Tuesday, 20 November 2007

Top tips to cut the saturated fat

reposted from:

Top tips to cut the saturated fat Grilled chicken kebabs

Eating too much saturated fat can increase blood cholesterol levels, which in turn is a risk factor for coronary heart disease.

The healthier type of fat to choose is unsaturated fat (monounsaturated or polyunsaturated), which can actually improve cholesterol levels. But don’t forget all fat is high in calories, so if you are watching your weight, you should limit your overall fat intake.

Here are our tips to help you cut down on saturated fats:

  • Not so good fats…

    Butter, lard, palm oil, coconut oil/cream and ghee (clarified butter) are all rich sources of saturated fat and are best limited. Replace with small amounts of unsaturated fats such as olive oil, rapeseed oil or corn oil.

  • Choose your meat wisely

    Have chicken or turkey without skin, lean cuts of meats and trim off any visible fat. Cut back on fatty meat pies, sausages, sausage rolls and breaded meat or chicken etc. Did you know a grilled chicken breast without skin contains a third less saturated fat than with skin?

  • SpreadsMargarine on knife

    Use spreads thinly and go for lower fat spreads with the lowest amount of saturates. Avoid butter or hard margarines and choose spreads that mainly contain monounsaturated or polyunsaturated fats.

  • Check the labels

    Cut down on takeaways, ready meals and processed foods. Opt for lower fat versions; check and compare nutrition labels and pick foods with a lower amount of saturated fat.

  • Look at your cooking methods

    Grill, bake, steam, boil or poach foods instead of frying in lots of oil. Did you know a portion of cod fried in batter has 2.9g of saturated fat and 445 calories, but an average portion of baked cod has just 0.4g of saturated fat and only 115 calories! Rather than adding extra fat like cream or sour cream to recipes why not swap with low-fat yoghurt or fromage frais.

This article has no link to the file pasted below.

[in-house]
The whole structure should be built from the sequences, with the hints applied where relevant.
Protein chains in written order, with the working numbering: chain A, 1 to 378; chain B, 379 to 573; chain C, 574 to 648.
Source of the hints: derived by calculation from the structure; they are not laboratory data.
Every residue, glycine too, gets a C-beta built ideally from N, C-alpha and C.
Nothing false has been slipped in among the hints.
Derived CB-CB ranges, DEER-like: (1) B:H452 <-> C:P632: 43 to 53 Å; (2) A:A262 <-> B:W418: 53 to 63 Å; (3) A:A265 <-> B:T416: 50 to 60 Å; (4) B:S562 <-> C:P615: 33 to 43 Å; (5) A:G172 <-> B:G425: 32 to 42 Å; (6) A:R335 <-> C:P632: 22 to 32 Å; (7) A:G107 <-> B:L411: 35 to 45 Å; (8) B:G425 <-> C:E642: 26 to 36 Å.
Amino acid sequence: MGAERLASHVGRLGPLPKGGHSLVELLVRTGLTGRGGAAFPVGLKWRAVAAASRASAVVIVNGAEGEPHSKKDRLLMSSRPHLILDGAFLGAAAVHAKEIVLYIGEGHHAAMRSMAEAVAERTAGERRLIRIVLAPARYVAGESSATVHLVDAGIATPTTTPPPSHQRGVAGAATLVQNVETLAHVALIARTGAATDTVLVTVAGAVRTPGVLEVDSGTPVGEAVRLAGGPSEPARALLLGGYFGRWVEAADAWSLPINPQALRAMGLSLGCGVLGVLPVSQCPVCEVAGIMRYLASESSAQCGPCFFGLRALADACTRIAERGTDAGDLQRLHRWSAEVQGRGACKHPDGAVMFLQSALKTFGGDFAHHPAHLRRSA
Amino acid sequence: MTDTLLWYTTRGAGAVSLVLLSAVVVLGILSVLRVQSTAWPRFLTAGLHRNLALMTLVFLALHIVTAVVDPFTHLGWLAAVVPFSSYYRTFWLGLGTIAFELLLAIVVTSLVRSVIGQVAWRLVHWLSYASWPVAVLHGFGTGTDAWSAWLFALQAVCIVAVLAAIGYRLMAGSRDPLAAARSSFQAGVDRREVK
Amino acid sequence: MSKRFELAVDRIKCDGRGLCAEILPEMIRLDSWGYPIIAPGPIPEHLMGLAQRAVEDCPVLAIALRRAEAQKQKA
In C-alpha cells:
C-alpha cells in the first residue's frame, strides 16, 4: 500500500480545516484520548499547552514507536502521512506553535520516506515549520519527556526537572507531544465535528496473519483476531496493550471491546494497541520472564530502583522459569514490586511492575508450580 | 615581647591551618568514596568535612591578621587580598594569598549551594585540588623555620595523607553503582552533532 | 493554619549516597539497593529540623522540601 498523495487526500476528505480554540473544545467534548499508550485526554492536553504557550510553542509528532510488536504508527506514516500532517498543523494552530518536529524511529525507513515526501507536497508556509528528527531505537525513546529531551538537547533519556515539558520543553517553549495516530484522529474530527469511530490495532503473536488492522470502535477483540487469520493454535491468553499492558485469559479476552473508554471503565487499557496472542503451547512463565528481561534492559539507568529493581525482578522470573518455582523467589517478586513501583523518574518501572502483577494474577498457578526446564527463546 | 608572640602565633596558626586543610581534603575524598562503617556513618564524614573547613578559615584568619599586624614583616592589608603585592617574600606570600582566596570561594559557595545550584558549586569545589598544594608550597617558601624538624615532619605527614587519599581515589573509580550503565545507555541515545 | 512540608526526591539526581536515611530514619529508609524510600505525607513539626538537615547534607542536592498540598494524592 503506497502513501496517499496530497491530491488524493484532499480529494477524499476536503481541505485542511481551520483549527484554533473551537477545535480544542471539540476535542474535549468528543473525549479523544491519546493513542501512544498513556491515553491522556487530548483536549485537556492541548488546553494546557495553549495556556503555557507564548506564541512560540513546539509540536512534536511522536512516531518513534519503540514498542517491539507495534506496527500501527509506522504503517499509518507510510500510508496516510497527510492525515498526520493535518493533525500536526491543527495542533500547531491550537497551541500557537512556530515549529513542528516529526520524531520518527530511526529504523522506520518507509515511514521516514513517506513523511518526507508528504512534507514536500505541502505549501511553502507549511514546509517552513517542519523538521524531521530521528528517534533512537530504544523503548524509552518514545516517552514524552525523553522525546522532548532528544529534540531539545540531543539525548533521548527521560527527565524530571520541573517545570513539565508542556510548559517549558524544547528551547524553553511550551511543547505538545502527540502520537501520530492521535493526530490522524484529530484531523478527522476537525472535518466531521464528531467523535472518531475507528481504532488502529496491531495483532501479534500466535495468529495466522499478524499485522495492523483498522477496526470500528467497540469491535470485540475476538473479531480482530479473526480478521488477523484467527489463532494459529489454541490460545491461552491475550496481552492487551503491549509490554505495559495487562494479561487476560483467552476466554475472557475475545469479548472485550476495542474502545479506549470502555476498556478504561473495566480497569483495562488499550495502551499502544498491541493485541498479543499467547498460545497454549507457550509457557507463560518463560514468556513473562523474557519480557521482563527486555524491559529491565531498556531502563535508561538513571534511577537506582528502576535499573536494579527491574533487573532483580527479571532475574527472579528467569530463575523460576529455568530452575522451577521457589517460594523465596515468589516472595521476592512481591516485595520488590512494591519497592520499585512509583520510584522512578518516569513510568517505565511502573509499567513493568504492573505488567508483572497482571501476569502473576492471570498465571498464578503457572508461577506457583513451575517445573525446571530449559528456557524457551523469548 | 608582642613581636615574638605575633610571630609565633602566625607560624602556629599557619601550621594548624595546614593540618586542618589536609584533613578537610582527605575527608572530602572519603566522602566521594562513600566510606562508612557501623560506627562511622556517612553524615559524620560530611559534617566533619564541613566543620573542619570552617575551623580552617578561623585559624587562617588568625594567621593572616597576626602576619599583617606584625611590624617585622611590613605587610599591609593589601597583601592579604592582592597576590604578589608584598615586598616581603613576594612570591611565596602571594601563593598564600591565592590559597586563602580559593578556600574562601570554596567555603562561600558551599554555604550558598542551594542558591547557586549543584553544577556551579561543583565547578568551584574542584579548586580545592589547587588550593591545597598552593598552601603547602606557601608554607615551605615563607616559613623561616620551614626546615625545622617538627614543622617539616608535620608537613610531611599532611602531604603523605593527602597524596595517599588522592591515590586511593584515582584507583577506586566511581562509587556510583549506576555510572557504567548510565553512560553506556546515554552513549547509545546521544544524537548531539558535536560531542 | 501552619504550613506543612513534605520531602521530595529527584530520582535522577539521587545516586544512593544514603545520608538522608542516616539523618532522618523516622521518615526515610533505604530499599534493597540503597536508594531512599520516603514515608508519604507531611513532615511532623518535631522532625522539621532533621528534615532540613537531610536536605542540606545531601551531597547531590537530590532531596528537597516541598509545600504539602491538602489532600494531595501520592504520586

• Dressings and sauces

    Make your own low fat salad dressing using ingredients such as low fat yoghurt, lemon juice, herbs, etc rather than shop brought ones. If you do buy dressing or sauces, pick lower fat varieties, e.g. low-fat salad dressing or lower fat mayonnaise.

  • Milk carton
  • Milk it up…

    Use semi-skimmed or skimmed milk rather than full fat or condensed milk. For example, swap a 200ml glass of full fat milk for semi-skimmed milk and cut your saturated fat intake by 2.9g and 40 calories.

  • To measure or spray

    Measure your oil out with a tablespoon rather than just pouring straight out of the bottle. Then you know how much you are using. Or why not use a spray oil to cook.

  • Cheesy choice

    Check out the nutrition label and opt for cheeses that are lower in fat and saturated fat such as cottage cheese, ricotta and half-fat cheddar. Did you know that a 30g portion of hard cheese is the size of a small matchbox?

  • Fish with lemon
  • Eat more oily fish

    Oily fish, such as salmon, mackerel, fresh tuna and sardines are rich in omega 3 polyunsaturated fat; which can help to protect against heart disease.

  • Snack attack

    For a tasty and nutritious snack, have a handful of unsalted nuts, seeds or dried fruit rather then reaching for fatty snacks such as crisps, pastries, or bombay mix. For those with a sweet tooth choose sugar free jelly or sorbets instead of cakes, biscuits or ice-cream.

  • Bulk up

    Add less meat to casseroles, stews and sauces and replace with fibre-rich vegetables, beans or pulses.

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